Add Colorado and Kansas to the list of press associations collaborating to produce joint conventions.
And while we’re at it, let’s add a special acknowledgement to the pandemic for making bigger virtual events a new standard.
Sharing a convention will be a first for Kansas and Colorado, organizers say. Consider it fitting the theme of the May 20-21 event will be “Succeeding Through Collaboration.”
Executive directors Emily Bradbury in Kansas and Tim Regan-Porter in Colorado said in a phone interview — done jointly, by the way — that collaboration has been a hallmark of their respective careers and it made sense in 2021 to work together to deliver new ideas and greater networking opportunities to their memberships. It also helped that both states are familiar with each other.
Besides, Bradbury joked, “We’ve always considered Colorado the Old Kansas Territory.”
Both said they’ve watched the success of other association partnerships, including the Tri-State Newspaper Conference put on earlier this year by Iowa, Minnesota, and Wisconsin. Wider involvement allows for more chances to learn about an out-of-state newspaper’s strength, hear from different insightful speakers, or explore a Relevant best practice that’s outside your normal contacts.
“We don’t need to reinvent what we’ve always done,” Bradbury said. “With this collaboration, we can expand on what we can offer.”
When asked what would success look like, Regan-Porter responded: “Let’s not look on this as a one-time collaboration. We’re looking to offer new ideas so people can learn a lot and offer us future ways to expand. …Lots of new perspectives.”
Both organizers were interested in “going beyond routine Zoom fare” with increased interaction from attendees and programs that end with a takeaway, such as handouts that summarize the achievement or advice. “We want people to leave Zoom with something,” Bradbury said.
Rapid sharing of great ideas could be included as well, along with providing a critique, for example, of a newspaper’s product or a reporter’s story.
“We really like the Tri-State Convention’s ‘flash sessions’ that dealt with a topic in 15 to 20 minutes,” Bradbury said. This is an effective way to address frequent questions the associations receive from members, she added.
Both said the bigger conference also could improve chances of securing sponsors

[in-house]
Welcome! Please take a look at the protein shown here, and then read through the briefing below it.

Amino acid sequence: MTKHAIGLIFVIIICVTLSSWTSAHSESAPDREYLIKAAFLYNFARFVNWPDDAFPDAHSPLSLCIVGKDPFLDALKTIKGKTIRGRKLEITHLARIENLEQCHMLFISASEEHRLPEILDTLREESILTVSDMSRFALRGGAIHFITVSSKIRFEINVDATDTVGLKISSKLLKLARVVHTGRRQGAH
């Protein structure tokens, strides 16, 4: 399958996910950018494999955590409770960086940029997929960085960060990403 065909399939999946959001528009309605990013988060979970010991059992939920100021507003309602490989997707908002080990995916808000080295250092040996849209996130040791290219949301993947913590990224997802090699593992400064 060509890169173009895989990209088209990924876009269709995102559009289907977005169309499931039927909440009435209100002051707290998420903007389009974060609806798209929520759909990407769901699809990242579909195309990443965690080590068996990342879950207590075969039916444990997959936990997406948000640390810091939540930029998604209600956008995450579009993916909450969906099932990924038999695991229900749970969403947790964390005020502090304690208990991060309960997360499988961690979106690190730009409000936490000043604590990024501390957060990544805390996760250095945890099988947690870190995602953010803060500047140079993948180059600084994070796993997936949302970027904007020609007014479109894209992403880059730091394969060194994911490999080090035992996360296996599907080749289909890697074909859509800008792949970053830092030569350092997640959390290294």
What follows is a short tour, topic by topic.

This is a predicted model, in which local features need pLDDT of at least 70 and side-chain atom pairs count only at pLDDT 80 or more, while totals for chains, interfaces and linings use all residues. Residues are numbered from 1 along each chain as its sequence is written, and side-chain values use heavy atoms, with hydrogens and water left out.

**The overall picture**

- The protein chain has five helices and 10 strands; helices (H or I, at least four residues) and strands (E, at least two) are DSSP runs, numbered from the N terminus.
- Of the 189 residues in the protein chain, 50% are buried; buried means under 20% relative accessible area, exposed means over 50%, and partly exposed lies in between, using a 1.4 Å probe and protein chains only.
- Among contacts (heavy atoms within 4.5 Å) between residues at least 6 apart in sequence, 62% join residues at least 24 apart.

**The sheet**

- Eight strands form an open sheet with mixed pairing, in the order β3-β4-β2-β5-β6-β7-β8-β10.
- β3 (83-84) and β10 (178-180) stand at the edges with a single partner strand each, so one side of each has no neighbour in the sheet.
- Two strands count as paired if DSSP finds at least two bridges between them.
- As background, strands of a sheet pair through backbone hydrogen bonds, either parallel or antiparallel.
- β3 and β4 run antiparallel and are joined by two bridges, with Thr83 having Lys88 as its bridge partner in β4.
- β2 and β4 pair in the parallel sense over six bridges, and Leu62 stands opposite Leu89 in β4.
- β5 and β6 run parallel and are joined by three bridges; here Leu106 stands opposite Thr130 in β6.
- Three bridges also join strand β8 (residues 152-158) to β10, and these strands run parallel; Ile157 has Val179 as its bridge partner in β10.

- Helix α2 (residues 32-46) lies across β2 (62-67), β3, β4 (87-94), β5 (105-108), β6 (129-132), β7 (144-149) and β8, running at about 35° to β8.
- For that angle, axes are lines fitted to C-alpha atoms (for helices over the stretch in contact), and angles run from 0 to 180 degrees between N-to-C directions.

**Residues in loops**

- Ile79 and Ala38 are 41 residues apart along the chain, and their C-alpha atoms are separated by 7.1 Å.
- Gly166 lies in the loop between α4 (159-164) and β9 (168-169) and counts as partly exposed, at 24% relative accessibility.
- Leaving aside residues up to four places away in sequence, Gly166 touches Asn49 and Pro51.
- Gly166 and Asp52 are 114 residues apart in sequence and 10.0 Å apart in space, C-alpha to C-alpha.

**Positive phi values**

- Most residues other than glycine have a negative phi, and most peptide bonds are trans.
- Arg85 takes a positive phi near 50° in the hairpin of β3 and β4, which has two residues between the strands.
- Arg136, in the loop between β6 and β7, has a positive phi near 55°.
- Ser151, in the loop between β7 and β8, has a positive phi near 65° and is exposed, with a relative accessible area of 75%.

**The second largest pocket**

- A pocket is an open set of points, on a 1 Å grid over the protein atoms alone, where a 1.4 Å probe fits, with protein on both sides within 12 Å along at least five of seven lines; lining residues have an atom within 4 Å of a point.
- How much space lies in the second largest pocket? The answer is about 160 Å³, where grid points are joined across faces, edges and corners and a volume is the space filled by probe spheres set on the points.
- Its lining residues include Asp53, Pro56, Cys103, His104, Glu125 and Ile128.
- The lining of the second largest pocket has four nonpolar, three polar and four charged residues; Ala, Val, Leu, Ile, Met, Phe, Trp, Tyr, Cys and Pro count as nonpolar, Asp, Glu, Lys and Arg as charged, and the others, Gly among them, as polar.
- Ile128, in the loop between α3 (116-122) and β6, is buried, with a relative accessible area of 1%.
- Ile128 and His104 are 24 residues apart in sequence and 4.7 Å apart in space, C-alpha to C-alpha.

Regan-Porter was surprised by the immediate positive reaction from members about the new approach and a partnership with Kansas. “Our members are excited. They saw it as a way to get to know different people and widen their network,” he said.
Bradbury said some of her members have operations in Colorado and belong to both associations — while others know Colorado from vacationing there.
Also, the Kansas newspapers wanted to learn more about the Colorado News Collaborative (COLab), which is “a nonprofit, statewide media resource hub and ideas lab that serves all Coloradans by strengthening high-quality local journalism, supporting civic engagement, and ensuring public accountability.” COLab is part of an important trend of newsrooms working together or the creation of reporting hubs being financed to improve coverage of key issues.
After making the announcement about the partnership, Kansas and Colorado asked its members to complete a short survey to “give us your thoughts and ideas.”
Bradbury and Regan-Porter were kind enough to invite me to participate last week in a planning session that included staff members and COLab. Regan-Porter said the conference would be organized on a virtual conference platform that includes a “Lobby” and “Exhibition Hall” with the ability to conduct multiple sessions at the same time — all in one place.
“We also can archive the content for one year so it’s feasible people can go back and watch” the workshops Regan-Porter said.
Each association might break off into their own events, such as contest awards ceremonies, annual board meetings, or discussions with past presidents, a tradition.
Bradbury and Regan-Porter agreed that the success of the virtual conference during the pandemic will result in newspaper trade associations using a hybrid approach in the future.
Going virtual allowed the association to involve members who could never go to an in-person event because of cost, time away from the newspaper or driving distance, said Bradbury, who noted it would take some members five hours of traveling to attend programs.
“We reach reached newspapers and members we never reached before the pandemic,” Bradbury said. “The $35 charged for a program, they told me, was much more doable without the hotel and mileage costs.”
Bank it as a major lesson learned.
“It’s going to be a hybrid going forward,” Bradbury said. “We want to keep adding to participation and more engagement.”